5 Quick Ways to Get Your Drama Class Off to a Great Start

It is upon us. The beginning of term. The term when we establish rules, routines and relationships. Term 1 is hard going for that reason. Your Drama lessons need not be however. Here are some suggestions to make the beginning of term an enjoyable one that your kids will want to stick around for.

1. Get to Know Your Students

The first day can always be bogged down with course overview information, assessment schedules and topic summaries. Absolutely essential of course. It is also necessary to find out about your students. Do they even want to be in Drama? What do they think Drama is? How can you better tailor your lessons to their needs if you don’t know anything about who you are teaching? This simple survey is a really easy way to not only find out about their interests but get a snapshot of their understanding of drama, their expectations and even how well they write! Literacy in action without them even knowing it!

2. Get Your Students to Know Each Other

I’m always amazed at how kids from the same grade, who have most likely been in classes with each other before, do not know each others names. Honestly, it astounds me. So I place a lot of emphasis on playing “getting to know you” type games and getting them to build relationships with students that they may not know well or not have worked with before. I like The God Game. In the getting to know you version you replace the numbers with names. Simple, yet effective.

Another really simple game is to have your students form two circles: one facing out, the other facing in. Each person should be facing someone. Have each person have a 30sec-1minute conversation with the person opposite them before you ring a bell or make some sort of noise to indicate that the outer circle should move one step to their left so that they are in front of someone different. Then you begin a new conversation with your new partner. At the end of the game, each person must share one thing they learnt about one of the people they were talking to. If anything, it’s a great way to teach kids about making sociable, small talk when amongst strangers!

3. Build Trust and A Safe Performance Space

This one is important and probably takes the most time. I like to focus a lot of my warm-up games at the beginning of lessons around this premise. You could try:

Falls – Have students pair up, with Person A standing behind Person B. Person B will fall back only to be caught by Person A. At first, stand close together to build confidence. As the person becomes more confident, stand further apart. Swap and repeat.

Lifts – I like to do this with the whole class. You will need some crash mats. One person lies flat on the crash mat like a plank of wood. Everyone else in the class is to surround the person on either side. Ensure the head and bottom are supported. They place their hands underneath the person and on the count of three lift the person up above their head. Everyone has to work together on lifting the person up and placing them back down on the crash mat gently.

I never pressure kids to do this one and I always give them another opportunity a few weeks down the track to have another try if they were nervous about doing it the first time.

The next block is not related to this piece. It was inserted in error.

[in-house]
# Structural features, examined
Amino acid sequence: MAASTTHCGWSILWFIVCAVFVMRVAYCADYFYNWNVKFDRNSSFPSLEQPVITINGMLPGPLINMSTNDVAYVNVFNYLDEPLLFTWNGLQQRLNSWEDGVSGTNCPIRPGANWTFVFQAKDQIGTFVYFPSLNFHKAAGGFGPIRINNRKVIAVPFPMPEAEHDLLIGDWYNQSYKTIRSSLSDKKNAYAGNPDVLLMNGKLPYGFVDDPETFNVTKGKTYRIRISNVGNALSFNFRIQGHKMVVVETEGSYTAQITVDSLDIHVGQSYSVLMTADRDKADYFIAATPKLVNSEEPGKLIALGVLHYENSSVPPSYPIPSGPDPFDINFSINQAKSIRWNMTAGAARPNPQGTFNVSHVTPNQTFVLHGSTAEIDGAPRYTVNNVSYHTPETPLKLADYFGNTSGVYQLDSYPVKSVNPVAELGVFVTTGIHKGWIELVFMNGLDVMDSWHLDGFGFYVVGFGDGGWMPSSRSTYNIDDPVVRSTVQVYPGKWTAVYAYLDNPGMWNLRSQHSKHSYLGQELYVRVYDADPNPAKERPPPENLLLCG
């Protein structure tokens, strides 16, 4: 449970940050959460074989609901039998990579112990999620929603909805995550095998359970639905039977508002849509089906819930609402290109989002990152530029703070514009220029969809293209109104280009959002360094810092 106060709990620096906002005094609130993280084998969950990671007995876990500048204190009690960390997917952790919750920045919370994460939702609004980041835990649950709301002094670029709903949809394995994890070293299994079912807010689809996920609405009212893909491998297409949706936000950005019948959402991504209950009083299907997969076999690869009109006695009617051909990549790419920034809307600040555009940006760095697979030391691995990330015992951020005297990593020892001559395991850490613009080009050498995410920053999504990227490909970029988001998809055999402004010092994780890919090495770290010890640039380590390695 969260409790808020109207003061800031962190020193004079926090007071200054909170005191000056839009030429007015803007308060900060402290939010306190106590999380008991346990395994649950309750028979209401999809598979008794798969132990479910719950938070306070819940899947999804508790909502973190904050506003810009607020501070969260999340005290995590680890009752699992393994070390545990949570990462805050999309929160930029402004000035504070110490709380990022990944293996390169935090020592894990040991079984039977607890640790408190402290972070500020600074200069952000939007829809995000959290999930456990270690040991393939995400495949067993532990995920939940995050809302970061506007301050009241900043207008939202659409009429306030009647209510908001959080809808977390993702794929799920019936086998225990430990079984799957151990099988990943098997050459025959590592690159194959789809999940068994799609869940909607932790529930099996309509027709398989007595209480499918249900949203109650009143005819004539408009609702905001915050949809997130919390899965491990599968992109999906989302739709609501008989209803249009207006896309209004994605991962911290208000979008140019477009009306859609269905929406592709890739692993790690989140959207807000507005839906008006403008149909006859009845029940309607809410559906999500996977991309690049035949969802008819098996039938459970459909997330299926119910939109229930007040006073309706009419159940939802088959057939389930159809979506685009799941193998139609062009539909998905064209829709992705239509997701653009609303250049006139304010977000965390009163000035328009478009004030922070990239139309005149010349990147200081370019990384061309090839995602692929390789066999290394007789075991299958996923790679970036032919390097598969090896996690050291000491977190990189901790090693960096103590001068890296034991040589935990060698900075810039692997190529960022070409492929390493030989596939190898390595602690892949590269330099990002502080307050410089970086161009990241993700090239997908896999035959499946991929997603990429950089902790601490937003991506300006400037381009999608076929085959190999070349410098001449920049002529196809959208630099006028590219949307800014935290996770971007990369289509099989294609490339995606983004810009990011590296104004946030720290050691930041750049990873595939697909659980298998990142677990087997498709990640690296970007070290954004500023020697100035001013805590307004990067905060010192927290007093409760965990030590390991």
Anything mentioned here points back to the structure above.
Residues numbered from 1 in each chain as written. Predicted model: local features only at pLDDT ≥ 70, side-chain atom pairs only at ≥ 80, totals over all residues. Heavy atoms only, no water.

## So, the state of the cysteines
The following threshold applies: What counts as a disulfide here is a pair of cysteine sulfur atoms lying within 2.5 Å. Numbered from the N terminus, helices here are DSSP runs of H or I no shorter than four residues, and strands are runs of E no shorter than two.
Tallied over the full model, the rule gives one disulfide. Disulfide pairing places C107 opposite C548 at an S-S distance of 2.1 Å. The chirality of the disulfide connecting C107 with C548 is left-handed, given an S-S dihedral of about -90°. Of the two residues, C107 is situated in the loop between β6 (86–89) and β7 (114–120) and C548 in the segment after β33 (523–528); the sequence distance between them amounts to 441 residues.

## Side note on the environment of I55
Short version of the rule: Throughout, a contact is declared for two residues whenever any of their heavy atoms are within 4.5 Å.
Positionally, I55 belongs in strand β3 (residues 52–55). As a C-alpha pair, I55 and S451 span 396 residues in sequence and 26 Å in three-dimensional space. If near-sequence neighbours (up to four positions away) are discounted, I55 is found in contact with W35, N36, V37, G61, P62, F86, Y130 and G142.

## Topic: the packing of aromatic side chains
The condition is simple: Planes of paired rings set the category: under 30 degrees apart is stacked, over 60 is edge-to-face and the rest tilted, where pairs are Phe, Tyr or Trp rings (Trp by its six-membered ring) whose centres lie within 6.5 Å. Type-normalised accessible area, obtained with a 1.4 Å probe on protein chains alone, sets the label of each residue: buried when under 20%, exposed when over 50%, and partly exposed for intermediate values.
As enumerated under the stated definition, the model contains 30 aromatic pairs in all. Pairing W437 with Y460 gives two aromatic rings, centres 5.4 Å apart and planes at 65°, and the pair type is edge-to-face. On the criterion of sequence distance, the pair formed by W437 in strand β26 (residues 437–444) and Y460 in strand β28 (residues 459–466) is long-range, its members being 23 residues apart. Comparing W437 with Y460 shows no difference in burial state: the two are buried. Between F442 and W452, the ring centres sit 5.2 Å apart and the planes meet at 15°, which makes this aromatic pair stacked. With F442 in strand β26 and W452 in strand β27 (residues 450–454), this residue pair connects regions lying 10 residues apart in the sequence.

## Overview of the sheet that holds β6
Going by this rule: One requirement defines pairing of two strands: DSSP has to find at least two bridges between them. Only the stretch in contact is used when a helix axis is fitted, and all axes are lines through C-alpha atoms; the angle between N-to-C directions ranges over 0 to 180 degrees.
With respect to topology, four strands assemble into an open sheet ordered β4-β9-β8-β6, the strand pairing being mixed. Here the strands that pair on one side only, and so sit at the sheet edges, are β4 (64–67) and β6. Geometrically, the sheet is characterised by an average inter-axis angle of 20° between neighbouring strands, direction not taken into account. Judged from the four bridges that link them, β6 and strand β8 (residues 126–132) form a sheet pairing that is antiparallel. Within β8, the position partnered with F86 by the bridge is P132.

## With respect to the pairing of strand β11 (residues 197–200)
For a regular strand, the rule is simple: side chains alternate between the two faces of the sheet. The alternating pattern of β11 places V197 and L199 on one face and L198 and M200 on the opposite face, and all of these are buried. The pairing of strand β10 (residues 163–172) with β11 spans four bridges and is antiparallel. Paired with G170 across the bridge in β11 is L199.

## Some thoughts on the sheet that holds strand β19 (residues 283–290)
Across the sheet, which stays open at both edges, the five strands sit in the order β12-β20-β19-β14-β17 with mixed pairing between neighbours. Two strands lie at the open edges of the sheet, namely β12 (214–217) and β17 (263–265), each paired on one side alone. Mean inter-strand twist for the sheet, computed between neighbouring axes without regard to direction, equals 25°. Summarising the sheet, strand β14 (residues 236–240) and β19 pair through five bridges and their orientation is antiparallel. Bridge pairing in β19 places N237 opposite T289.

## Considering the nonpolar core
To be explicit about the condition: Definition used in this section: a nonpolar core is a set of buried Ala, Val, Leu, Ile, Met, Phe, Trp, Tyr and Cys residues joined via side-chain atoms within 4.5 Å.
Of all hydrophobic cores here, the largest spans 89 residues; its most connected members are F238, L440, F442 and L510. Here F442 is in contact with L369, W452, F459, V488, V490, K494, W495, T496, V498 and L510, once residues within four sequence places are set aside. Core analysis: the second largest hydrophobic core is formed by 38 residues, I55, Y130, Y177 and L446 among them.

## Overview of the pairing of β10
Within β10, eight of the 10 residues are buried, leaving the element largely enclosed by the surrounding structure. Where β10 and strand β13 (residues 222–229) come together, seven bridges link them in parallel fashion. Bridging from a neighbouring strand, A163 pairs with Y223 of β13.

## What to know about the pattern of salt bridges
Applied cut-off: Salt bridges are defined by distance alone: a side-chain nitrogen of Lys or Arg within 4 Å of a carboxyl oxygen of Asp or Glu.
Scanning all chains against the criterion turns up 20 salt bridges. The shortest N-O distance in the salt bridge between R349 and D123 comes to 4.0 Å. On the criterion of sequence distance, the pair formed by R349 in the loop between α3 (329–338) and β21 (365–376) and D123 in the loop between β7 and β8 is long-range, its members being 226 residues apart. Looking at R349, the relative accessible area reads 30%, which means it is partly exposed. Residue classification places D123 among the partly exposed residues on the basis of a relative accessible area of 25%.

I also love the game Knots to build communication and team work. You might also like to incorporate the creation of some class rules at this point. Linking in expectations about safety and respect. You might do this collaboratively or bring all the activities together and connect them to the expectations of every class.

4. Encourage Failure and Silly Business

My rule is “if you don’t feel silly when you’re acting – you’re not acting”. We want to encourage our students to move beyond just being themselves on stage so we have to encourage a bit of silliness. If you are silly with them and show that you are not afraid to make an idiot of yourself you will earn major respect points. The beauty of Drama is that more often than not you are in the rough and tumble of play which puts you on their level far more than others subjects. You build fabulous relationships this way.

I make the point above about failure. It’s a harsh word and I don’t mean it to sound that way but you’ll find the kids use it. #epicfail anyone?

Often we get our kids to present their work to the class. This is necessary. It is important to also scaffold in through your questioning during presentations, ways that the students can become self-reflective and constructively critical about what they have presented and look at ways to improve and not simply see it as an #epicfail. It’s about turning perceived failures into positives.

5. Document the Process – Keep a Photo Blog

We ask our kids to keep logbooks and I like to keep one too! I love taking photos and short videos of my class. I keep them all together to create a little memento for them at the end of the year such as a calendar, photo album, photo disk etc. It’s a lovely way to track their journey and progress in class and you could even share it with other schools through apps such as Instagram or on a blogging site such as this. It is something they will treasure forever and ever. Just ensure you get permission from their parents and from executive first of course.

Remember: classrooms function when routines are repeated, reiterated and reinforced. Have some consequences up your sleeve for when, in all likelihood, this doesn’t always happen. All the best for the year ahead.

Photo Credit: Jin Jinto via Compfight cc

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